Army Welcome Parade 'May Still Take Place'

Supporters of a proposed 'Welcome Home' parade in Belfast for Royal Irish Regiment (RIR) and Irish Guard soldiers who recently returned from service in Afghanistan are hoping for a U-turn after the Ministry of Defence (MoD) was revealed to be planning a meeting with hosts, Belfast City Council next week.

Despite refusing the initial invitation from the Council, there are to be discussions on holding a homecoming parade after all, especially as three soldiers from the RIR were killed during the Afghanistan operation, which began last September.

Ranger Aaron McCormick, 22, from Macosquin in Co Londonderry, was killed by an improvised explosive device (IED) in November last year.

Ranger David Dalzell, 20, from Bangor was shot in February. The exact circumstances of his death have not yet been confirmed.

Lance Corporal Stephen McKee, 27, from Banbridge, was killed by an IED in March.

Secretary of State for Defence Dr Liam Fox said it was a "kind invitation" but a parade was "not the best way to proceed".

"We will consult the city council and other parties in the coming days about how we can best mark their commitment in another form," he added, noting that a service of thanksgiving will be held at St Anne's Cathedral in Belfast on 22 May.

There was outrage last week when the MoD turned down an invitation from the council to stage a homecoming parade in Belfast on May 22.

The MoD wrote to the Council and said its soldiers are also too "geographically dislocated" to be able to get the parade organised in time, despite the fact that many will be attending a thanksgiving service at St Anne's Cathedral in Belfast on the same day that the Council had suggested.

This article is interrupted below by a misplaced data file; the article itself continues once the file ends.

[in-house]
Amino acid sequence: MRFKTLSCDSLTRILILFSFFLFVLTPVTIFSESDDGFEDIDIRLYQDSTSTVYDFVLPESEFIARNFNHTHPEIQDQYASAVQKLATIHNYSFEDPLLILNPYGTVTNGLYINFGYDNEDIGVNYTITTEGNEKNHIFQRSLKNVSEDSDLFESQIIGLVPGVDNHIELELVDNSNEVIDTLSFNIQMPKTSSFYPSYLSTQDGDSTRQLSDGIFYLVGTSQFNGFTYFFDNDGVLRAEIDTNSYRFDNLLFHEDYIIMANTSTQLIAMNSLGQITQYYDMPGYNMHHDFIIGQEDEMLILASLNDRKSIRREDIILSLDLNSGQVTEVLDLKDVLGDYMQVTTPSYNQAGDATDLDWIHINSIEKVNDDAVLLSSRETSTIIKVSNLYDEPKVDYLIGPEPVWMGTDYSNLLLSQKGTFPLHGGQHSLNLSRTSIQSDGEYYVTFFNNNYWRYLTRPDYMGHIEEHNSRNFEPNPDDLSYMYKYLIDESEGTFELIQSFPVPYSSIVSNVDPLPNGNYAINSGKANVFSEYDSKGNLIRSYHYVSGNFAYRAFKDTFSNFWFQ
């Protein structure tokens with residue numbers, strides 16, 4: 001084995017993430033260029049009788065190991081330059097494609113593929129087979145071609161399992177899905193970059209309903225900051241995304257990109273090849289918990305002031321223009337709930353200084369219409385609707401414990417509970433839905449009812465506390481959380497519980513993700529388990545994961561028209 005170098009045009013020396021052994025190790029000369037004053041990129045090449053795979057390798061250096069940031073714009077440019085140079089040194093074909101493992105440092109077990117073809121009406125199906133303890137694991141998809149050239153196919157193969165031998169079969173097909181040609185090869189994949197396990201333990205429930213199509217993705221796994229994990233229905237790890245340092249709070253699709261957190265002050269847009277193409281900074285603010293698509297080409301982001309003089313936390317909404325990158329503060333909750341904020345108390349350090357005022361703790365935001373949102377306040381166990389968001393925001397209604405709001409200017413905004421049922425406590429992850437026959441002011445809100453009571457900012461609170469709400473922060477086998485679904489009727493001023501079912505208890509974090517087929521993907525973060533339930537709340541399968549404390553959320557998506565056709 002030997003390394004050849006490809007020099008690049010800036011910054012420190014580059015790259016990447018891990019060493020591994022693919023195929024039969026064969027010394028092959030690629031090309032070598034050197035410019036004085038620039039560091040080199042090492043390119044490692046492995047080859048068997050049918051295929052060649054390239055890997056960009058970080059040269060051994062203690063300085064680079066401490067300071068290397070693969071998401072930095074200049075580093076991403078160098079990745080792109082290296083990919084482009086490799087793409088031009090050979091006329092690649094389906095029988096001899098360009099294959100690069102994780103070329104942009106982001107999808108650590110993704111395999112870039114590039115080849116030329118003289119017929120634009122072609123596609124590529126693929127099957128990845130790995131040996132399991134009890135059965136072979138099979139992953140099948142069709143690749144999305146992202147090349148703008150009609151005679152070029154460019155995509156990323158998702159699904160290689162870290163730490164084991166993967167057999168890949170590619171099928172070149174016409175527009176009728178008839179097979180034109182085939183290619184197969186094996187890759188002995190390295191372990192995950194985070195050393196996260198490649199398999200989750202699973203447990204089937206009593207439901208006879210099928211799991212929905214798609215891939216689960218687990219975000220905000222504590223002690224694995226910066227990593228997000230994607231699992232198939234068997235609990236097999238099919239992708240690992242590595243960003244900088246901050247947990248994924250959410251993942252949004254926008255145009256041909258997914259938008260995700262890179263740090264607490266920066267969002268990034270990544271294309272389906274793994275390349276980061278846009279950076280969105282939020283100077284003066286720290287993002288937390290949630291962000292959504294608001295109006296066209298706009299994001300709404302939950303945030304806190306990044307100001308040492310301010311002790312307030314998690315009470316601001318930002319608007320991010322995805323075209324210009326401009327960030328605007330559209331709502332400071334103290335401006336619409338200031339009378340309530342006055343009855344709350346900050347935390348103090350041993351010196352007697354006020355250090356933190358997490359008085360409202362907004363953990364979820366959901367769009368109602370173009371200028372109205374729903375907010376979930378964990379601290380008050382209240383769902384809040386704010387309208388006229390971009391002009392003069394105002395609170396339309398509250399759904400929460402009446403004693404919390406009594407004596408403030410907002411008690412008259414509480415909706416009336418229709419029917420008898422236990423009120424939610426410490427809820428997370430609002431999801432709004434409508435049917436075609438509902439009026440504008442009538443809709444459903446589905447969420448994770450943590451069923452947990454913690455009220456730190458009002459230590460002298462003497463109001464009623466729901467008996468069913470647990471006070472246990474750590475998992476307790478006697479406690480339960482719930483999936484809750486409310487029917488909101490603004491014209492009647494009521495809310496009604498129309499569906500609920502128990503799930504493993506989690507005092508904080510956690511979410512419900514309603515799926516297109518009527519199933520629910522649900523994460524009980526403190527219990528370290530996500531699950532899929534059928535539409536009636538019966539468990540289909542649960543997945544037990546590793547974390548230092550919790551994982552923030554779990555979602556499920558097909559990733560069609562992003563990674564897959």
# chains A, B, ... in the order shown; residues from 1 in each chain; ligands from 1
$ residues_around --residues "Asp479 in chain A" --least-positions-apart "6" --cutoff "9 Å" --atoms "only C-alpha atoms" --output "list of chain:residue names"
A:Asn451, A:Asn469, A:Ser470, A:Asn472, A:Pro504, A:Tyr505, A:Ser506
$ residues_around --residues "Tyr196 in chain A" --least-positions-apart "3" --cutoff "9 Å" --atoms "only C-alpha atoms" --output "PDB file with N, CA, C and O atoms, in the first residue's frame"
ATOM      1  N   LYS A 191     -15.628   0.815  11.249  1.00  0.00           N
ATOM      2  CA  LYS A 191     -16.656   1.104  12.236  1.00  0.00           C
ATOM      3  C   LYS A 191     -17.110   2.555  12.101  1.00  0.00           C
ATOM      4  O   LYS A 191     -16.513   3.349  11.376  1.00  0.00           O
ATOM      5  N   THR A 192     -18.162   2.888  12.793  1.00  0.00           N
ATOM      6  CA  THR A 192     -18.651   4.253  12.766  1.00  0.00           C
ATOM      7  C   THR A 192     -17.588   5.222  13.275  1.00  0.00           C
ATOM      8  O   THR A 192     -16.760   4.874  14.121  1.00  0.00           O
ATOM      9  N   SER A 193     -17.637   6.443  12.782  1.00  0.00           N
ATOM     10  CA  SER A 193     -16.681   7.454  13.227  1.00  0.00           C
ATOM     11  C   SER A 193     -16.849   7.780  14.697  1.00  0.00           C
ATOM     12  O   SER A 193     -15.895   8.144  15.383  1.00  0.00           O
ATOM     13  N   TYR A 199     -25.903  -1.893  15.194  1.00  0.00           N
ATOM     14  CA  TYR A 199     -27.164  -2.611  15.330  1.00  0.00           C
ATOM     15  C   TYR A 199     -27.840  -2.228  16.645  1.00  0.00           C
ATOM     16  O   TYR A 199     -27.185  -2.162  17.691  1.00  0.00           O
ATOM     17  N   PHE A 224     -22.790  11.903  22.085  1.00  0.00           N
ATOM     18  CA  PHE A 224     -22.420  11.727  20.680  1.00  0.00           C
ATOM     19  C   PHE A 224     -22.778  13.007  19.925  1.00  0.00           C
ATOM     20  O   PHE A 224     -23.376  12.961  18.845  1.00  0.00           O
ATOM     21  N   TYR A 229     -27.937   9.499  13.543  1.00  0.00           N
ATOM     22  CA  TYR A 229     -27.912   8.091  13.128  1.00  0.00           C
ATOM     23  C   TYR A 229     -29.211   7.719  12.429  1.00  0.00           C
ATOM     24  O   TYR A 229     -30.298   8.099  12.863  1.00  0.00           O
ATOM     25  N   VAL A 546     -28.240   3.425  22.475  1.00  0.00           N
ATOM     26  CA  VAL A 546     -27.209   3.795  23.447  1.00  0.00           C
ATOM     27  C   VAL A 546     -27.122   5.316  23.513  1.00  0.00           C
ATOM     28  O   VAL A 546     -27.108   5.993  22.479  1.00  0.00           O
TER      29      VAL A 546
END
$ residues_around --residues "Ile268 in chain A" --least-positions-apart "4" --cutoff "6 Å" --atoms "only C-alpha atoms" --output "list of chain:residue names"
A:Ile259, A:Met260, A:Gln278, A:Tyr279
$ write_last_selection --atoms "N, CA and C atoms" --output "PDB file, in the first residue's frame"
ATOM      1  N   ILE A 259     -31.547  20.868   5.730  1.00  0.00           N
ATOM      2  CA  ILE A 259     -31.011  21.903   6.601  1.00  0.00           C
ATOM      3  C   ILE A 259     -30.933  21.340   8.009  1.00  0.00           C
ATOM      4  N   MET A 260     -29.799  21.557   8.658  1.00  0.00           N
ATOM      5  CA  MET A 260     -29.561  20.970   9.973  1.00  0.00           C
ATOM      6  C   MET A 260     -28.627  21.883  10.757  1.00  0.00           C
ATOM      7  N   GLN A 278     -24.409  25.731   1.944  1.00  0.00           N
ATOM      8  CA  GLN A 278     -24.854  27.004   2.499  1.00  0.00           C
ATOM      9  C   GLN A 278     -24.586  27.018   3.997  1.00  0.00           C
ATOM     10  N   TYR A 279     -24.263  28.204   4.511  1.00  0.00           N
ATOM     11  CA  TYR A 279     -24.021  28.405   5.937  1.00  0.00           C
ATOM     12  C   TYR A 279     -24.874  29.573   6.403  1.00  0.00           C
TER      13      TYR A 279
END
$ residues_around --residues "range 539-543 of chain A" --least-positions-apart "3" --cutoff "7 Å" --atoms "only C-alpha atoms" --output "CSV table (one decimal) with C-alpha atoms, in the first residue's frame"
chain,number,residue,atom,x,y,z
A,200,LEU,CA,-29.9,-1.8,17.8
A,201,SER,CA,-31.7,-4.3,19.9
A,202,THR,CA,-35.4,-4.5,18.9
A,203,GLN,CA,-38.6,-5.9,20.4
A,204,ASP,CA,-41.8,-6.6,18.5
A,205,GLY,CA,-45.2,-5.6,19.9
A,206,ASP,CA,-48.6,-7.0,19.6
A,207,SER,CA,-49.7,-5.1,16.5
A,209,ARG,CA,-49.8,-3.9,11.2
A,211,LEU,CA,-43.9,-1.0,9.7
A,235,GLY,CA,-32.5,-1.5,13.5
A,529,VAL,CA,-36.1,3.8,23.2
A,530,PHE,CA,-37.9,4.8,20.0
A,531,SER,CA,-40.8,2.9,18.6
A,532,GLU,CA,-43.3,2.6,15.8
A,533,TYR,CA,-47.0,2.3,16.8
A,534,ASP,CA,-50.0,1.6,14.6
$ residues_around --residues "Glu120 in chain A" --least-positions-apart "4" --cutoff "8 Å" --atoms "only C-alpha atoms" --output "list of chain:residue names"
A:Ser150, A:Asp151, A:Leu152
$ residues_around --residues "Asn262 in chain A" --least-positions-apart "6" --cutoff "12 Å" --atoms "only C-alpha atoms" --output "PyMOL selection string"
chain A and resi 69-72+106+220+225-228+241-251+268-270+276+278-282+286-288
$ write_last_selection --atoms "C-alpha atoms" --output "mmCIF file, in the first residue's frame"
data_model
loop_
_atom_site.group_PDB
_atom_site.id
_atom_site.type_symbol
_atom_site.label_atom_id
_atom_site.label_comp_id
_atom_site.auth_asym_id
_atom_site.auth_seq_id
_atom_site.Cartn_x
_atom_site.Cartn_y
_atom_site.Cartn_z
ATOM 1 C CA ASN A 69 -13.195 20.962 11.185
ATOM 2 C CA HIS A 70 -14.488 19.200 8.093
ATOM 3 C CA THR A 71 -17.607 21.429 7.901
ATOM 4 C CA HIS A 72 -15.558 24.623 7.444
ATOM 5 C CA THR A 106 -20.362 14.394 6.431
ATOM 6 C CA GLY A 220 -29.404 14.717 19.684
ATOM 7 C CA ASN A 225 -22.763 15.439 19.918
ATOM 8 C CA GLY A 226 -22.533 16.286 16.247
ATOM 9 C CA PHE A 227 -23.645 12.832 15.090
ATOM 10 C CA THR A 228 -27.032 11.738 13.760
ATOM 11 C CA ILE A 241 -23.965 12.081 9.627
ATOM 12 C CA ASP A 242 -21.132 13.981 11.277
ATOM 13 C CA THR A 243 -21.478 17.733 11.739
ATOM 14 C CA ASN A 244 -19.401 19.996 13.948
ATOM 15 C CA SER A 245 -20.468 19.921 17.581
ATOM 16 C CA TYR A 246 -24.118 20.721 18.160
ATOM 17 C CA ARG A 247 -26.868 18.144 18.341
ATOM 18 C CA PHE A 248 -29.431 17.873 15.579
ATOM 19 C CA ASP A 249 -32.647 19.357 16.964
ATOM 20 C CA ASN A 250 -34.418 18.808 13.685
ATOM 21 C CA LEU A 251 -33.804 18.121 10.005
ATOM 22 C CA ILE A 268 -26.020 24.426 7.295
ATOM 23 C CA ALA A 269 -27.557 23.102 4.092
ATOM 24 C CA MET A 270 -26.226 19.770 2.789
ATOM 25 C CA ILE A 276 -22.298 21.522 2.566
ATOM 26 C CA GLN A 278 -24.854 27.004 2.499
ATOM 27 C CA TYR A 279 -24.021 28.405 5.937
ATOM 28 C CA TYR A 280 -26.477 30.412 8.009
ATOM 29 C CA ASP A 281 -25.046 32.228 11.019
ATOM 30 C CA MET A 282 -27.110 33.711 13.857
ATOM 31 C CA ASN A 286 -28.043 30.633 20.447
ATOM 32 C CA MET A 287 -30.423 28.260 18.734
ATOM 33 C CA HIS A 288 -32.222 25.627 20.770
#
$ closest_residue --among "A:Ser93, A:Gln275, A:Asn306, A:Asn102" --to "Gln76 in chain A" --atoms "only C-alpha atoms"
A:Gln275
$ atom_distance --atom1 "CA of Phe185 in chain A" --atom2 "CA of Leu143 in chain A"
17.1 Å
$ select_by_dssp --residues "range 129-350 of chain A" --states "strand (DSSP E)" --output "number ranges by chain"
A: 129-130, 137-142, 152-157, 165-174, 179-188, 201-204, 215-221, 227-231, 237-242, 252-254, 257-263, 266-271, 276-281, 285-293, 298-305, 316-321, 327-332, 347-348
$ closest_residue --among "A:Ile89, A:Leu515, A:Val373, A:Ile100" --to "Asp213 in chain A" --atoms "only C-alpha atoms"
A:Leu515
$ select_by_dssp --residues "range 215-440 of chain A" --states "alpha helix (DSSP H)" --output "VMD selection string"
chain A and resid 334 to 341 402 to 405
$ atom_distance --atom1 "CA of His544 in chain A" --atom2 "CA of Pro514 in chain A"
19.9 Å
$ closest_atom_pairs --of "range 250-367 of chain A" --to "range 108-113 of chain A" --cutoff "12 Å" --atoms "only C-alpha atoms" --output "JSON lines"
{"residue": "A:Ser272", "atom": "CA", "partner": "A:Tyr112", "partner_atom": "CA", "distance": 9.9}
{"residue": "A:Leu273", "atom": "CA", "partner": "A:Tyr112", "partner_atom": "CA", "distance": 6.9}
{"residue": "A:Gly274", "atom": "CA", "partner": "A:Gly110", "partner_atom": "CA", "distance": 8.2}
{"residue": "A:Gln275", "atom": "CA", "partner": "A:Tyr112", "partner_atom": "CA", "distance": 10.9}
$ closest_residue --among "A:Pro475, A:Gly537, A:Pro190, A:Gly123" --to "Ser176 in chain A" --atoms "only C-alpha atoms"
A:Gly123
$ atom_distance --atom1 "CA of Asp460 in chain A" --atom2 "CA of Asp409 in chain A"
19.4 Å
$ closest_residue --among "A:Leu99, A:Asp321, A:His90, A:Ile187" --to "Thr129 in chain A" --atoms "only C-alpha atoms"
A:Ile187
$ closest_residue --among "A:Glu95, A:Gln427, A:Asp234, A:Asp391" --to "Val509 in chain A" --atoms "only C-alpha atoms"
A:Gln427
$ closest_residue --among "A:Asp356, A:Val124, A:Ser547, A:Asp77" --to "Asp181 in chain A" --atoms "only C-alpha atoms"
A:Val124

The DUP has already appealed - on Wednesday - to PM David Cameron for a rethink.

North Belfast MP Nigel Dodds said afterwards that no final decision had been made and that discussions are ongoing.
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"I will certainly be continuing to work towards a successful outcome on this issue and I will be pressing the government at Westminster to move as swiftly as possible to come to a resolution," he said.

The last such event - in November 2008 - was marred by republican counter-demonstrations that necessitated a huge police presence.

Earlier this month, a socialist organization that aims to achieve the 'liberation of the people of Ireland', éirígí, said it would actively oppose any such march.

Pádraic Mac Coitir has pledged that the socialist republican party will stage counterdemonstrations.

"The nationalist and republican people of Belfast are sick, sore and tired of having all the trappings of British imperialism flown in their faces.

"We will not stand idly by and watch war criminals being paraded through our streets."

However, Robin Newton, an East Belfast DUP candidate and former Junior Minister in the Assembly said at the time, all those who are family, friends and supporters of the RIR will be glad the RIR has returned to the UK.

"The regiment will be enthusiastically welcomed home but for the three families who lost loved ones the return home celebrations will be painful.

"We must pay tribute and never forget those who made the ultimate sacrifice. We need to remember their sacrifices that have been made on our behalf and for freedoms that we often take for granted," he said at the time.

The DUP's Ian Paisley said yesterday: "I absolutely have no doubt the soldiers and their families would want to pass through the capital city of Northern Ireland.

"They would have tremendous support from people in the community.

"It sends a terrible signal to refuse to allow a homecoming parade. It is raising the white flag to dissidents

See: RIR Afghanistan Parade Opposed


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